[Mike Crawford] – Riley Investment Management

So you were taking orders since July 1 and it started shipping just about as you expected, no hits there?

Thomas H. Reslewic

Exactly right, not quite to the hour, but almost

[Mike Crawford] – Riley Investment Management

Now, it's my understanding that this new kind of platform and chip set have potentially a lower build of materials compared with the old platform, but that maybe to get your manufacturing margins right and some ramp up time. Can you kind of walk through the type of margin improvement in general that you might expect going forward?

Thomas H. Reslewic

Yes. I think that the margin improvement as a function of the new product, it becomes more significant as you get higher and higher in bandwidth. So, you know really got in the WavePro space, it's not quite as significant, as we start to look at you know products that may come in the future, it just gets more and more significant as we move up in bandwidth.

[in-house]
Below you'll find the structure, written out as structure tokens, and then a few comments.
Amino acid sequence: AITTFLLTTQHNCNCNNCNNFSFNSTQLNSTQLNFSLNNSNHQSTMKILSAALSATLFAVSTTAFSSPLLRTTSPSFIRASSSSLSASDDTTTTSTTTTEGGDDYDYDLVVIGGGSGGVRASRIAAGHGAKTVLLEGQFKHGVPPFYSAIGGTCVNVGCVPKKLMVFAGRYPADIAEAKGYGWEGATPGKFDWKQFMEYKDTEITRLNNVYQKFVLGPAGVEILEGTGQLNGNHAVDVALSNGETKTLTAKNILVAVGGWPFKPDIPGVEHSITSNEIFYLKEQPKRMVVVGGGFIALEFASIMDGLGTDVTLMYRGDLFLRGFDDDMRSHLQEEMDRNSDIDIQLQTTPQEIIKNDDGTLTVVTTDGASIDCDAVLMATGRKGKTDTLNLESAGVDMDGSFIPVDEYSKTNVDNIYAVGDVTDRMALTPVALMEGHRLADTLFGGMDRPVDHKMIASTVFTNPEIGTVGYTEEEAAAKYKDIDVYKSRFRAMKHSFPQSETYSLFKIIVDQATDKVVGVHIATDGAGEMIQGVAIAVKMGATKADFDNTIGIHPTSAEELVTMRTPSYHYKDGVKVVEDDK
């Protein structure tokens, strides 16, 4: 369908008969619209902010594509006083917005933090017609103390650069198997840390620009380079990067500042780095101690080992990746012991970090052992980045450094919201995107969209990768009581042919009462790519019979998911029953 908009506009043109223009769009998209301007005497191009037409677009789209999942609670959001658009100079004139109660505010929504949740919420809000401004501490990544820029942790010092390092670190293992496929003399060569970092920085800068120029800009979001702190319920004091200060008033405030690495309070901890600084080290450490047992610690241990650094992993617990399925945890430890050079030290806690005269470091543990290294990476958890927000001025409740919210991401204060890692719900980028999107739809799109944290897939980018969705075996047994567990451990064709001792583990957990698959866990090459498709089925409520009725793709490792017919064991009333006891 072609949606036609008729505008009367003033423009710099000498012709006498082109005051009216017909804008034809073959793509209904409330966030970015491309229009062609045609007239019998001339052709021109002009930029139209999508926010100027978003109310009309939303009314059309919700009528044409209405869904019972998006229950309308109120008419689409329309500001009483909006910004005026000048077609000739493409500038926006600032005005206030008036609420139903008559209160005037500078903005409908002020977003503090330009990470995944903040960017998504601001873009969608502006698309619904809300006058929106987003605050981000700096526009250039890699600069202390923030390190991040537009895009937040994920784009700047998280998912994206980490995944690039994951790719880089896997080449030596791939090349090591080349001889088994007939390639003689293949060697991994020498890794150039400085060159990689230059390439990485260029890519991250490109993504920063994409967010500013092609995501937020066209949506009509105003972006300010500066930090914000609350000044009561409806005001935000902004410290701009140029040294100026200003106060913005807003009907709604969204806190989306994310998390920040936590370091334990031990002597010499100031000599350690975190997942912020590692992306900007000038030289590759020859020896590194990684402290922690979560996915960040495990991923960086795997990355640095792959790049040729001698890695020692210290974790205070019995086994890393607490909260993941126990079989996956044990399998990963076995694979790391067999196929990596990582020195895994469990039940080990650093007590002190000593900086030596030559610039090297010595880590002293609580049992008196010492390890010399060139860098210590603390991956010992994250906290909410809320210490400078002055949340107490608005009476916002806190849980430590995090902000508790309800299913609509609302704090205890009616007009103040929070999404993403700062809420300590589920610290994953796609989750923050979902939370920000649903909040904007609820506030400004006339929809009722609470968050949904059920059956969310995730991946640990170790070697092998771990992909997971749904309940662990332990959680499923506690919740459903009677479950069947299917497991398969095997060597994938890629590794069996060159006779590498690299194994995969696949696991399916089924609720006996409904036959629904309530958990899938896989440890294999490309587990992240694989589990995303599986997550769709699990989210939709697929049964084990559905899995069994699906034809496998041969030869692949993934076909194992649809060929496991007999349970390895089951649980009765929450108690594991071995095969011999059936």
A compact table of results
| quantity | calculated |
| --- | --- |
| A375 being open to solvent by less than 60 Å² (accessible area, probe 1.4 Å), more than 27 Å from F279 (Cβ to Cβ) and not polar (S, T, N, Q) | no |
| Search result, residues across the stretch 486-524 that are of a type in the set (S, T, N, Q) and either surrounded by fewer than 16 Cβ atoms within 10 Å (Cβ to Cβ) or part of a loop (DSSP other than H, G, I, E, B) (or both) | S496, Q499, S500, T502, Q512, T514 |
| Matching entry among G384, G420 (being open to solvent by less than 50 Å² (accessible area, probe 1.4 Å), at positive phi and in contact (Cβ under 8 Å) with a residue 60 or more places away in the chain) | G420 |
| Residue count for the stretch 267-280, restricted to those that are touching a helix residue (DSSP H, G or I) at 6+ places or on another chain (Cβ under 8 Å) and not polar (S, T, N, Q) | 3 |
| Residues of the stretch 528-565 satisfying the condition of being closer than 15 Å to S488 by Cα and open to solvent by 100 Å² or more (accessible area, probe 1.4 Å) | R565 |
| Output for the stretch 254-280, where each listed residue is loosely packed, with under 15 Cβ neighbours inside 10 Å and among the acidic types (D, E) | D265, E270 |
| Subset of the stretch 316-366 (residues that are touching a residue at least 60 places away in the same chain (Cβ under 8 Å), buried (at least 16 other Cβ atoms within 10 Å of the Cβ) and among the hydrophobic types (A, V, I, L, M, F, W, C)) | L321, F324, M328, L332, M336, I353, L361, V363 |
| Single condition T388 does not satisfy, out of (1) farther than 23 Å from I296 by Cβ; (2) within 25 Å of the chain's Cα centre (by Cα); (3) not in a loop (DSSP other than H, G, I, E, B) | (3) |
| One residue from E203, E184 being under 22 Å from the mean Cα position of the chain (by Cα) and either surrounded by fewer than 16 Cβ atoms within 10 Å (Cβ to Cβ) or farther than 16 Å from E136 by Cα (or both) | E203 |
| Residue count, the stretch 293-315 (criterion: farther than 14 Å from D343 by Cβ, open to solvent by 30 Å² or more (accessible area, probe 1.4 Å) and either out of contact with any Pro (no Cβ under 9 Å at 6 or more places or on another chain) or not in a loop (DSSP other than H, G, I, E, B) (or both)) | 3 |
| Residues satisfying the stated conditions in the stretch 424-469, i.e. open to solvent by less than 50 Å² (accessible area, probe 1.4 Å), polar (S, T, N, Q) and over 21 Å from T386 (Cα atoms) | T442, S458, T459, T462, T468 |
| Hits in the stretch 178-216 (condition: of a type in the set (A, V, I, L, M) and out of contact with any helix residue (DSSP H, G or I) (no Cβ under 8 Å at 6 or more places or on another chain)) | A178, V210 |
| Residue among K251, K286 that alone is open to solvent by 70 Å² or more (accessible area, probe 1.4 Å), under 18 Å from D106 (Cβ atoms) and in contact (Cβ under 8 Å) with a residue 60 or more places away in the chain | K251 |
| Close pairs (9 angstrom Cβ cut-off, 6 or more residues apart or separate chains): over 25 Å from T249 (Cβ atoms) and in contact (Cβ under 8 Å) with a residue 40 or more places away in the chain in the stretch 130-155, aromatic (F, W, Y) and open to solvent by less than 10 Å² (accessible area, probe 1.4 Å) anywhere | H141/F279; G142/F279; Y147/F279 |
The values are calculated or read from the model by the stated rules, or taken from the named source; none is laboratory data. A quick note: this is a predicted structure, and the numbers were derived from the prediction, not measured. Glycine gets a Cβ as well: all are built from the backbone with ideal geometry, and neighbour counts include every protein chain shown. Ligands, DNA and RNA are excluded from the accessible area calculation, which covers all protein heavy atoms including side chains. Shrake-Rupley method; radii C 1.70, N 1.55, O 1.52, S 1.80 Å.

And also, there's a time, there's a time period and also some, a few other factors. So, if I go back to the very beginning when we had started you know to plan the product, we are looking at bills of materials and manufacturing's costs today that are in fact a bit higher than we had originally planned for. And that's because we spent an awful lot of time in front of customers in beta tests and with our sales force, trying to make sure that our feature set was absolutely compelling enough.